woodlily
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Posts: 2
Joined: Fri Oct 29, 2010 1:43 pm
Location: Terra Alta WV

Need advice on trimming J maple

I have a small Japanese maple on the north side of my house. It is a replacement for one that was broken by the heavy snow last winter. This one isn't doing too well either. It lost the color in its leaves not long after we planted it. The nusery said it was frost and would come back. It didn't come back during the summer so we hope it will next year. Now we want to prepare it for the winter. I was told to cut the bottom limbs so that they wouldn't get weighed down with snow. Is this a good idea? Some of the limbs turned white and seem brittle. Should I cut them off now or should I wait and see what happens? If I do trim, when should I do it? I would sure like to save this tree, so I would appreciate any advice.

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koiboy01
Senior Member
Posts: 171
Joined: Fri Jan 27, 2006 7:49 pm
Location: U K

Hi,
If some of the branches have turned white and brittle they are definitely dead and need cutting off,you don't say which variety it is or how large it is which would help us to give you advice.
To test if it is alive give it the thumb nail test, that is dig your thumb nail into the bark and expose the layer beneath if it is green it's alive.
koiboy01
anyone who never made a mistake never made anything.

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applestar
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Joined: Thu May 01, 2008 11:21 pm
Location: Zone 6, NJ (3/M)4/E ~ 10/M

Heh. Mine aren't pruned for style so I can't speak to the aesthetics, but I *hate* the way many people trim Japanese Maples to look like they're wearing knee length skirts! :lol:

I have two healthy specimens growing in full sun in the front yard. I wait until very early in spring before bud break to check for winter lost branches -- the white brittle ones -- and I basically just snap them off. The larger branches that end with jagged edge, I trim after snapping off with sharp pruners, and some that are too thick I cut with pruning saw. Usually it's the middle branch that break off and you're left with a forked Y.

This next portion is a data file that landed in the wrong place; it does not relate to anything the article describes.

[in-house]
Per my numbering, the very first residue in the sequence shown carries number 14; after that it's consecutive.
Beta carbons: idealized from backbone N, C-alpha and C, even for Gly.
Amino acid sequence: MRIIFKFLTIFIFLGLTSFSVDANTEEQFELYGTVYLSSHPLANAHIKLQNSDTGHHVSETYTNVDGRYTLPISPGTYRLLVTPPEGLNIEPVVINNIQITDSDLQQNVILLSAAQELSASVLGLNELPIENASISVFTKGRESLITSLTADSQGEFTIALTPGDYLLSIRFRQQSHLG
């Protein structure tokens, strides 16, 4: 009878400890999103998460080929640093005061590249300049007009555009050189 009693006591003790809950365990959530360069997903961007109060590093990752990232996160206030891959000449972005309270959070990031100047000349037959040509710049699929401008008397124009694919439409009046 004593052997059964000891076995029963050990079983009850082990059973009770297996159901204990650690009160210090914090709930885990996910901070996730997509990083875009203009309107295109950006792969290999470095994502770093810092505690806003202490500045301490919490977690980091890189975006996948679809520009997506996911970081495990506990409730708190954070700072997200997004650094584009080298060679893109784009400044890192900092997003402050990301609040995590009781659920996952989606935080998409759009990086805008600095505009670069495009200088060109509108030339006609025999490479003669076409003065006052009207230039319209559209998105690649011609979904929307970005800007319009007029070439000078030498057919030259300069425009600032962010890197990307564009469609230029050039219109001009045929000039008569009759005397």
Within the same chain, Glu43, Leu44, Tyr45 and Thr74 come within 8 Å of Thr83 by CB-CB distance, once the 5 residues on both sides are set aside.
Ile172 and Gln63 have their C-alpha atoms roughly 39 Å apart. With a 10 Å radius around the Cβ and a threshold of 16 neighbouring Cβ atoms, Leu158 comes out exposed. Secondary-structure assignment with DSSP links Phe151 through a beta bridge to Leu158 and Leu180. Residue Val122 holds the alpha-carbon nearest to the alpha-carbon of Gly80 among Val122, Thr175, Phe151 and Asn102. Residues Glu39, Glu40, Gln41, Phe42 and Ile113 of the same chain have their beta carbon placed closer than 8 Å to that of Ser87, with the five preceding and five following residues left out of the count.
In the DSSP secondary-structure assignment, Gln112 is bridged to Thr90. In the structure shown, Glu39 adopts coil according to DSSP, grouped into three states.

After they leaf out, I trim back only those branches that are so long that they're sweeping the ground to not touch the ground/groundcover (of wild strawberries -- Fragaria virginiana -- BTW 8) ) and branches that are obviously sticking out. I also thin entire overlapping branches a bit to let a little more light into the center. I do end up with interesting sinuous curves to the main branches. :wink:

woodlily
Newly Registered
Posts: 2
Joined: Fri Oct 29, 2010 1:43 pm
Location: Terra Alta WV

Thanks for your advice. I did the thumbnail test and it is green. I broke off the white tips - they came off easily. I guess I'll wait to do any more trimming. I was thinking of putting stakes up to help support it from the snow. Are there any other protective meassures I might take?
I'm a novice at growing plants, so this has been a real help. Thanks again.

yama
Senior Member
Posts: 124
Joined: Wed Jun 30, 2010 7:10 am
Location: Salem, MA

Hi
If you are in heavy snow area, suprot branch is good idrea.When you tie branchs, try to use jute twine. sisal twin is oiled and make stain on the branch. Or you can use brown palm twine. Befor use it, wet twin. When twin is wet,it is easy to use it. Black twin stand out color, so brawn twin is better.
When prune maple or any tree/shurbs, start prune inside toward out side.
If maple tree is new, and expect hard freez you protect trunck as well. Often, suden cold weather damage thin maple bark and lose it value.
If you want to keep maple tree compact, root pruning help keep it in size. spade is better than shavel, use file to sharpening spade before rood prune.
yama

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